Pastor Kyle Bitter - The First Sunday After Christmas - Sunday, December 26, 2021

Text: Luke 2:41-52

Watch Service Video

I’d guess that over the last couple weeks at some point, you’ve probably heard the Christmas carol “The Twelve Days of Christmas.” Maybe more than once. So, where are we in that carol right now? I think if you count it out, today would be the second day of Christmas. So, what are the presents? I think it’s two turtle doves and a partridge in a pear tree. Kind of odd gifts for the 21st century, but my question for you is this. Does today feel like the second day of Christmas with ten more days of celebrations to go…or does it kind of seem like Christmas is over? The gifts have been opened, the special worship services have already happened, relatives who live locally may have already gone home. Perhaps there are some Christmas gatherings coming yet this afternoon or in the upcoming week, but after that? After Christmas sales will start tomorrow, and you could probably even take down your tree and decorations in the next couple of days and people wouldn’t be surprised – you’re just making use of the vacation time. But according to the Christmas carol…it’s only the second day of Christmas, and even though “The Twelve Days of Christmas” is a secular Christmas carol, the message it hints at is worth remembering – Christmas isn’t just one day. Christmas isn’t even just twelve days, for that matter, as it used to be celebrated in years past when that carol was written. If you Believe the Christmas Story and the promises attached to it, then you know that Christmas stands in the background of every day – even the “regular” days of ordinary life.

Ordinary Lives

Today’s Gospel shows us why the message of Christmas is one worth taking with us every day, year-round. Luke shares a unique account – one of just a few events we know of from Jesus’ childhood. On this occasion, we catch a glimpse of Mary and Joseph and Jesus in their ordinary, normal, every-day lives. By the time these events occurred, twelve years had passed since that magnificent Christmas evening. The angels in the sky, the excitement of the shepherds – those were distant memories. The visit of the Magi from the east, the terrifying flight to Egypt to escape wicked King Herod – those had faded into the past. Jesus’ dynamic ministry and miracles were still eighteen years in the future. For now, things were normal. Joseph worked in his carpenter shop and taught the tricks of the trade to Jesus. Hard work, six days a week. Honoring the Sabbath on the seventh. Mary and Joseph made their yearly pilgrimage to Jerusalem for Passover. The routine went on, week after week, year after year, until one spring day when Jesus was twelve. Luke picks up the story there. “Every year his parents went to Jerusalem for the Feast of the Passover. When he was twelve years old, they went up to the Feast, according to the custom. After the Feast was over, while his parents were returning home, the boy Jesus stayed behind in Jerusalem, but they were unaware of it. Thinking he was in their company, they traveled on for a day. Then they began looking for him among their relatives and friends. When they did not find him, they went back to Jerusalem to look for him. (Luke 2:41-45 – NIV84).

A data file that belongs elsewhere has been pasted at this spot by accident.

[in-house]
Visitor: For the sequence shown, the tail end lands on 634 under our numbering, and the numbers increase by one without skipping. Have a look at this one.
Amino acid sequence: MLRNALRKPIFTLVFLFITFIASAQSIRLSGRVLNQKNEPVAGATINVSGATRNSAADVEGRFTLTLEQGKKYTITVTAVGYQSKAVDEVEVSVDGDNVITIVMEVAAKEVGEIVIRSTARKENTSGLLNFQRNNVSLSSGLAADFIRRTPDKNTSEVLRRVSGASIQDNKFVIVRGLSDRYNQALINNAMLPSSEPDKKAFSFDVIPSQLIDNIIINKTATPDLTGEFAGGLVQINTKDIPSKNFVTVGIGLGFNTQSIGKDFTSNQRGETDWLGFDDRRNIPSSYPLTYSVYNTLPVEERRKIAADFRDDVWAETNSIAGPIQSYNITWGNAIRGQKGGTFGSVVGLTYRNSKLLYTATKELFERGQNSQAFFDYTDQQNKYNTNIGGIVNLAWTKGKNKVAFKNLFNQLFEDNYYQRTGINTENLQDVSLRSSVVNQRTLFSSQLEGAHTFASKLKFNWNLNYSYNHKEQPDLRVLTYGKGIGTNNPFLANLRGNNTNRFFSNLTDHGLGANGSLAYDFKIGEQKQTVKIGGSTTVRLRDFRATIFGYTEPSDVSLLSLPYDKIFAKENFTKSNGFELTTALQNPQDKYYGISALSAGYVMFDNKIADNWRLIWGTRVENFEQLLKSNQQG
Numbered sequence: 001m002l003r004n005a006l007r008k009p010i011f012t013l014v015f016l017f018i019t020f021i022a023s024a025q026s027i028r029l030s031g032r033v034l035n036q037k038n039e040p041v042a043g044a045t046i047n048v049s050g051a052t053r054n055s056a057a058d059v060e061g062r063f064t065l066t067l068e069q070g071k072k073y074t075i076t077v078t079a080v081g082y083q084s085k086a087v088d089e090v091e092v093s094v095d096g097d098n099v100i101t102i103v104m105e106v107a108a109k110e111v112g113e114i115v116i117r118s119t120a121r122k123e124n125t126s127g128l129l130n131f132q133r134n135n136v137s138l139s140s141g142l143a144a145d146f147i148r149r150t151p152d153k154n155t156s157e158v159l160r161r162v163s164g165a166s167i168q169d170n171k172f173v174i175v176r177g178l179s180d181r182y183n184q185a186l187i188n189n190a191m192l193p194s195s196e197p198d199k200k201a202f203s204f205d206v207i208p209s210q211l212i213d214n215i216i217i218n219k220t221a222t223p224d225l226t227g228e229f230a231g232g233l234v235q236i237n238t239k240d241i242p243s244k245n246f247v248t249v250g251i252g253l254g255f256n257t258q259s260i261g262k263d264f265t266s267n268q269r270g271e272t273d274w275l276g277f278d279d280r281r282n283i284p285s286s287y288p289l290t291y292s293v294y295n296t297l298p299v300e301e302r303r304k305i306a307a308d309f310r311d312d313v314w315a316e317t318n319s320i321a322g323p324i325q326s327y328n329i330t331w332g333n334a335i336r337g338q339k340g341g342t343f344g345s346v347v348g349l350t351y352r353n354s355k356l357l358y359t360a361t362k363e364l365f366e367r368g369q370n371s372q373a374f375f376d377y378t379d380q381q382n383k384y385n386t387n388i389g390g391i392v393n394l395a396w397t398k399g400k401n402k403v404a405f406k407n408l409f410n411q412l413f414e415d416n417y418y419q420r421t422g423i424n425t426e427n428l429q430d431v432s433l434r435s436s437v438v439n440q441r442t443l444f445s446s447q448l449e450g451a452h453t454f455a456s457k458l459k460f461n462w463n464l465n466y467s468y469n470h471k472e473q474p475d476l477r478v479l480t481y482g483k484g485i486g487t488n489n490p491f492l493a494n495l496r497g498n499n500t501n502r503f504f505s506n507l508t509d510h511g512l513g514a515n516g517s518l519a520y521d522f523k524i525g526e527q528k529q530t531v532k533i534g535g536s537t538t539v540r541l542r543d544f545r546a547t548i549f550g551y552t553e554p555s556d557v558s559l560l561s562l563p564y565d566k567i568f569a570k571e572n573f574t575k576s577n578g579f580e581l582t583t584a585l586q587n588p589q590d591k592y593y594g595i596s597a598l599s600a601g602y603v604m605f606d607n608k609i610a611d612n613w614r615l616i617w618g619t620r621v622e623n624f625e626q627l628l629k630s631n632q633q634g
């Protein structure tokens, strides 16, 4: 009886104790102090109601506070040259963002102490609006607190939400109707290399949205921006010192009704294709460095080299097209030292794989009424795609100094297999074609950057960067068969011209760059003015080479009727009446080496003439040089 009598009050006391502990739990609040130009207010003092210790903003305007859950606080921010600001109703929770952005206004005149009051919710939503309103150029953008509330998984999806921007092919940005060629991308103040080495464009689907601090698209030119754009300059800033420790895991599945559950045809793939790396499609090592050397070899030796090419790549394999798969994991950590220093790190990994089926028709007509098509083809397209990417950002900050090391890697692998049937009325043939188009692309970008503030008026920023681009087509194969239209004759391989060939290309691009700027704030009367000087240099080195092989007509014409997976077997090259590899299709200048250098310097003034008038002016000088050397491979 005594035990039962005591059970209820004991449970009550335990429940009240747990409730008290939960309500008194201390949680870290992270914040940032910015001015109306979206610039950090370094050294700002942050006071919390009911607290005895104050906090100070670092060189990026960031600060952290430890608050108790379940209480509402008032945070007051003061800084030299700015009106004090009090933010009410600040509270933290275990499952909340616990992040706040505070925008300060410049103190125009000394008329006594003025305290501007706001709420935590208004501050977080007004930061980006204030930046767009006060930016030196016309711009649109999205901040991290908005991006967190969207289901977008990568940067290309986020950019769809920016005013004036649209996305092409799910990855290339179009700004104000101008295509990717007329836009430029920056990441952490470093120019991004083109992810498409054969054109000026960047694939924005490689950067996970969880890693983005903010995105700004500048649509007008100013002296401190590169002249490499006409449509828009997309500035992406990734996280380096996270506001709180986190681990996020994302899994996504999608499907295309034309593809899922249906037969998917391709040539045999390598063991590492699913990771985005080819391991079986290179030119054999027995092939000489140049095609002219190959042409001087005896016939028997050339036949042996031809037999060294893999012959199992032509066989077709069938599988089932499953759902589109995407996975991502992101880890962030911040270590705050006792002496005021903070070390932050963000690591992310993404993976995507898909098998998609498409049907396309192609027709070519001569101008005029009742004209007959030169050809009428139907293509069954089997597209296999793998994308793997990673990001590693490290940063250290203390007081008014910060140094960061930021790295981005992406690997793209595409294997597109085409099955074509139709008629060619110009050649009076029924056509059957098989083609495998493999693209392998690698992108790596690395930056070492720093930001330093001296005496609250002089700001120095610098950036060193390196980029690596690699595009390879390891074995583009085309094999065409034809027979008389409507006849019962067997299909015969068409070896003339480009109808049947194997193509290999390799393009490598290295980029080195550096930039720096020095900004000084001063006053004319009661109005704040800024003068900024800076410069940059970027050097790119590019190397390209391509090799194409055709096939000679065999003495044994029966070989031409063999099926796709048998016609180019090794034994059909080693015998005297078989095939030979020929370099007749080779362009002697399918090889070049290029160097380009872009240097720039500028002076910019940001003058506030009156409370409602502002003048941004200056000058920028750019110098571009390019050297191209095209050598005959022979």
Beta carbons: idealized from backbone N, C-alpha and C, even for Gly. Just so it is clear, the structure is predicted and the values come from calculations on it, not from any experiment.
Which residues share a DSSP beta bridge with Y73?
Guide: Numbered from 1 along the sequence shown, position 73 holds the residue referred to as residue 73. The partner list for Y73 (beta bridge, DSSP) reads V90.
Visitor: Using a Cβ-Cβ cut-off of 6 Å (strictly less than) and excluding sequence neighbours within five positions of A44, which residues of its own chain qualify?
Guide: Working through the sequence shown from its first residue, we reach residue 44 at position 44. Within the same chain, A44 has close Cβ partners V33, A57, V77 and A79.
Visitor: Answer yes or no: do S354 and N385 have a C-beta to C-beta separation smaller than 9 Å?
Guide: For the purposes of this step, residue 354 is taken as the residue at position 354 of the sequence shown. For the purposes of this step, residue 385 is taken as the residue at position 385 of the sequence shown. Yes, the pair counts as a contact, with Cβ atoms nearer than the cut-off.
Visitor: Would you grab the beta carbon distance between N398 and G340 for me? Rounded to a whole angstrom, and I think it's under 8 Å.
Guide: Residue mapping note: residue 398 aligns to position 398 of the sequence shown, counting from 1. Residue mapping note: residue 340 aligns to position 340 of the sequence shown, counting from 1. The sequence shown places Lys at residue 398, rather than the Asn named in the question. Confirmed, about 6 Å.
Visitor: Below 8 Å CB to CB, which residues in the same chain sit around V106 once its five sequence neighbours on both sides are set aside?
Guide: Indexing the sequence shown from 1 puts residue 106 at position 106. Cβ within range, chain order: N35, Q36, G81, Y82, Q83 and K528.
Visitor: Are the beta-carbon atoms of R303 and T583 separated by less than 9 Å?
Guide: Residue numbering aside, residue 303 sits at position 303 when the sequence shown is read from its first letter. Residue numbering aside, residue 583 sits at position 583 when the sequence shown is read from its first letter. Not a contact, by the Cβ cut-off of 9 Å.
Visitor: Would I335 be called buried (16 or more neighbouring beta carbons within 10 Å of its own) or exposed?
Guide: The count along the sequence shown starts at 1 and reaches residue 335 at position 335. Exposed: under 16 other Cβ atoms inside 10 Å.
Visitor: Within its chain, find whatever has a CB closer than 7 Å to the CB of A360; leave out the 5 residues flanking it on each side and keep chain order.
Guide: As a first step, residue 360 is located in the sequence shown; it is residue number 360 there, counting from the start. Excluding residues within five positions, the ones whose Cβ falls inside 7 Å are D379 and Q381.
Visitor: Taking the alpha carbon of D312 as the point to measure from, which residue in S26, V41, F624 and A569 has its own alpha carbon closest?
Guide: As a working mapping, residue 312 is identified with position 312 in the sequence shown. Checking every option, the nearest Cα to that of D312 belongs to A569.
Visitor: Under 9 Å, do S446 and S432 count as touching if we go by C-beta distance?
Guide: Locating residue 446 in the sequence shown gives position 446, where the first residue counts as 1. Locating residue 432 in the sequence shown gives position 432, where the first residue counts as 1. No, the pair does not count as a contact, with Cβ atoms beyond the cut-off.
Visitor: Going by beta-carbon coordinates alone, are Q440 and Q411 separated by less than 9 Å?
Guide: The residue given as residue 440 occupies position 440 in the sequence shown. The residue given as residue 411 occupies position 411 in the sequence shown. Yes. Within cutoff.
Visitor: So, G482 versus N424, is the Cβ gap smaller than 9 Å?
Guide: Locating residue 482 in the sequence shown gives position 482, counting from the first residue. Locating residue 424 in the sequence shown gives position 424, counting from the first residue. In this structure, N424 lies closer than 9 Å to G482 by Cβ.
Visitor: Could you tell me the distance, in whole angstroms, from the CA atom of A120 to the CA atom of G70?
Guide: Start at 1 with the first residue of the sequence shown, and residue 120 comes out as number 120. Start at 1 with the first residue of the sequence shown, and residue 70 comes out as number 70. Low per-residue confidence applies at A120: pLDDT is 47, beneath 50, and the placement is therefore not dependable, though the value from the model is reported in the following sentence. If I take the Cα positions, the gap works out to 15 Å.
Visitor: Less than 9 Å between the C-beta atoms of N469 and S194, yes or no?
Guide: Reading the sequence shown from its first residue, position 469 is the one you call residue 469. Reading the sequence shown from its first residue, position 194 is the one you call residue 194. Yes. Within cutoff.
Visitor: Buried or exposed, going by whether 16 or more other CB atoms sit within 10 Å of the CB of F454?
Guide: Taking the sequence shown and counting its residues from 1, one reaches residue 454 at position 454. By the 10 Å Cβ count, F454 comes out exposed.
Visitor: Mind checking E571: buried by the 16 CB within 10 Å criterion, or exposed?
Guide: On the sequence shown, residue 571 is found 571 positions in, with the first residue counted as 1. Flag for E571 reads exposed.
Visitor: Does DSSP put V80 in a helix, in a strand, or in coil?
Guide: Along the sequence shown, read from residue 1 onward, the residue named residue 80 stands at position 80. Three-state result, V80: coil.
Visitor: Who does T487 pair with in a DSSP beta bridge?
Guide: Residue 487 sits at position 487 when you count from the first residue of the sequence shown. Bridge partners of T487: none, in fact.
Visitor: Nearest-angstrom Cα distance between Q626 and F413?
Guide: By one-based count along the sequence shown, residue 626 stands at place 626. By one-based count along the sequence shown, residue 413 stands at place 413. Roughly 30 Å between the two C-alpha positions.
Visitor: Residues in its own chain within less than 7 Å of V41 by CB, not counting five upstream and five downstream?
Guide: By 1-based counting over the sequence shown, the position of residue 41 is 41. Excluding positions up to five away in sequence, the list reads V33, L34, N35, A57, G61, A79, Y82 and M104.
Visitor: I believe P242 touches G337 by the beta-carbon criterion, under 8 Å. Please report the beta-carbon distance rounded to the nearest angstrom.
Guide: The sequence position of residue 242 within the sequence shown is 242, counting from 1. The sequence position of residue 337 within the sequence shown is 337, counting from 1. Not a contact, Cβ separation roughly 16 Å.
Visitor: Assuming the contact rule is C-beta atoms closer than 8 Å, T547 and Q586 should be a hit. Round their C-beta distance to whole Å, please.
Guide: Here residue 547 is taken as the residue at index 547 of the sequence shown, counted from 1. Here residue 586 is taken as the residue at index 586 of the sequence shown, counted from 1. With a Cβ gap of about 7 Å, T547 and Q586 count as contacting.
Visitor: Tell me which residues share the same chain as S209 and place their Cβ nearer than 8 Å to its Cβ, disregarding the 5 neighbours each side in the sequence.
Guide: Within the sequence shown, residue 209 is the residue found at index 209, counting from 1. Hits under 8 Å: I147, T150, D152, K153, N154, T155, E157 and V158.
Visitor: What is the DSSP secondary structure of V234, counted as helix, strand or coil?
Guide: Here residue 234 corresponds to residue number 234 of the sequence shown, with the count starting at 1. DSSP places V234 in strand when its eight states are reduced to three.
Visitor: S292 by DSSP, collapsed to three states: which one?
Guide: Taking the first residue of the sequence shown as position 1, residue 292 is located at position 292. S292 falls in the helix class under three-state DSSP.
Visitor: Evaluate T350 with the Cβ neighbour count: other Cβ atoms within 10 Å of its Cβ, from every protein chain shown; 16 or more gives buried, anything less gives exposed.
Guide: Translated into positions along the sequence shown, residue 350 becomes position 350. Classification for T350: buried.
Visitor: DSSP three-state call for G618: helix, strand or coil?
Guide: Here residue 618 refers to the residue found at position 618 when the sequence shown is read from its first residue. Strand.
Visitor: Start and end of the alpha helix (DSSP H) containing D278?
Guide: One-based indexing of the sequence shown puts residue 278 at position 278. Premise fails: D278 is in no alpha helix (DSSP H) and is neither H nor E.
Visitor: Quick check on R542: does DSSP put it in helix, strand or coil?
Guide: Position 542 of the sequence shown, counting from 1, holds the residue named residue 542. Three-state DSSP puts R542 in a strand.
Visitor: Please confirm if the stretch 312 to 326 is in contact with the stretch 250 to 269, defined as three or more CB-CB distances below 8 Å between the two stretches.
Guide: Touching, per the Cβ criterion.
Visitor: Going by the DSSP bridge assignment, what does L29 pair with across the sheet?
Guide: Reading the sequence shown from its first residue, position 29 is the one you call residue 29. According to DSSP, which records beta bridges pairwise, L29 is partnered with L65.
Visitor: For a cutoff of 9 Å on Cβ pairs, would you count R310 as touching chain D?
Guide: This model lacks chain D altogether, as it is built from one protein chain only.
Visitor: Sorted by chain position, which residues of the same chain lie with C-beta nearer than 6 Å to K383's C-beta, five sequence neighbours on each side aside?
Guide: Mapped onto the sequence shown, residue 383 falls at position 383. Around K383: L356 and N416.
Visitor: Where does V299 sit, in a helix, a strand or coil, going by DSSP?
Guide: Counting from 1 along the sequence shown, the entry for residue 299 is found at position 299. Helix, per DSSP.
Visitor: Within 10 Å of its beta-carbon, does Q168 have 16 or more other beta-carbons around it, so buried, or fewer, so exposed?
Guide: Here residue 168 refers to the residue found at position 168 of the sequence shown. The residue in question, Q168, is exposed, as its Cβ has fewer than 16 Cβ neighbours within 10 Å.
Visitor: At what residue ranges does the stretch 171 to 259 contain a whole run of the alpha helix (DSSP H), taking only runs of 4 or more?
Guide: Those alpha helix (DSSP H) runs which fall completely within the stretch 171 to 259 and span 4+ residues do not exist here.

Now, it’s easy to wonder how Mary and Joseph could have been so careless in assuming their son was with their fellow travelers, but that really isn’t fair. Luke says that this pilgrimage for the Passover was a yearly event, and in a less mobile society than today where people often lived in one place for most of their life, it was probably a pilgrimage with people from the same families every year. Once they were old enough to go, the children probably walked together on the road, worshiped together in Jerusalem, perhaps even slept in their own tent at night, as siblings and friends and cousins often do today. With that context, Mary and Joseph couldn’t think of any place their obedient son would be other than where he had been for the whole trip thus far: with his relatives and friends! But he was nowhere to be found, and their worry started to grow. Even though they were already a day’s journey away from Jerusalem, they frantically rushed back and started searching high and low in all the places where one might expect a twelve-year-old boy to wander off to. Unsuccessful, they finally arrived at the temple. “After three days they found him in the temple courts, sitting among the teachers, listening to them and asking them questions. Everyone who heard him was amazed at his understanding and his answers. When his parents saw him, they were astonished. His mother said to him, “Son, why have you treated us like this? Your father and I have been anxiously searching for you!” (Luke 2:46-47 – NIV84). In that moment, when their frustration at changed plans combined with an overpowering sense of relief, one has to wonder if the events of that first Christmas twelve years earlier were anywhere in memory. Or in that moment, had Mary and Joseph forgotten just how special this child was? When he didn’t behave in the way they had expected him to, they were frustrated to say the least, if not outright angry.

It’s easy to smile and shake our heads when we imagine the silliness of Mary and Joseph being upset with the perfect Son of God, but it’s probably also a reaction we can identify with at those times when God allows things in our lives to develop in a way we weren’t expecting. Maybe it happens when a loved one dies, or a relationship ends, or sudden illness strikes…and you didn’t see it coming at all. You know that the response should be “your will be done Lord,” but it’s a lot easier to ask why? Why have you treated us like this? Or maybe you’re brought face to face with sinfulness. Your own words or actions and the guilt that follows, or a friend or loved one who unexpectedly does something very hurtful, and you know you should forgive as you have been forgiven, but…but it’s easy to wonder if God is really asking you to do something that difficult. Or maybe it’s changed plans. Maybe two Christmas’ ago your future was filled with all kinds of visions for the future…but few if any of them ended up coming to pass. “Why God? Why are you treating me like this?” In addition to all that, another Christmas has now passed…and you realize that as life gets back to normal the things that were problems before Christmas will still be problems after – it seems little has changed. The temptation is to package up the Christmas joy and excitement with the Christmas decorations and put it away on the shelf until the next time a religious festival comes along. In the meantime, we get on with solving the problems of real life.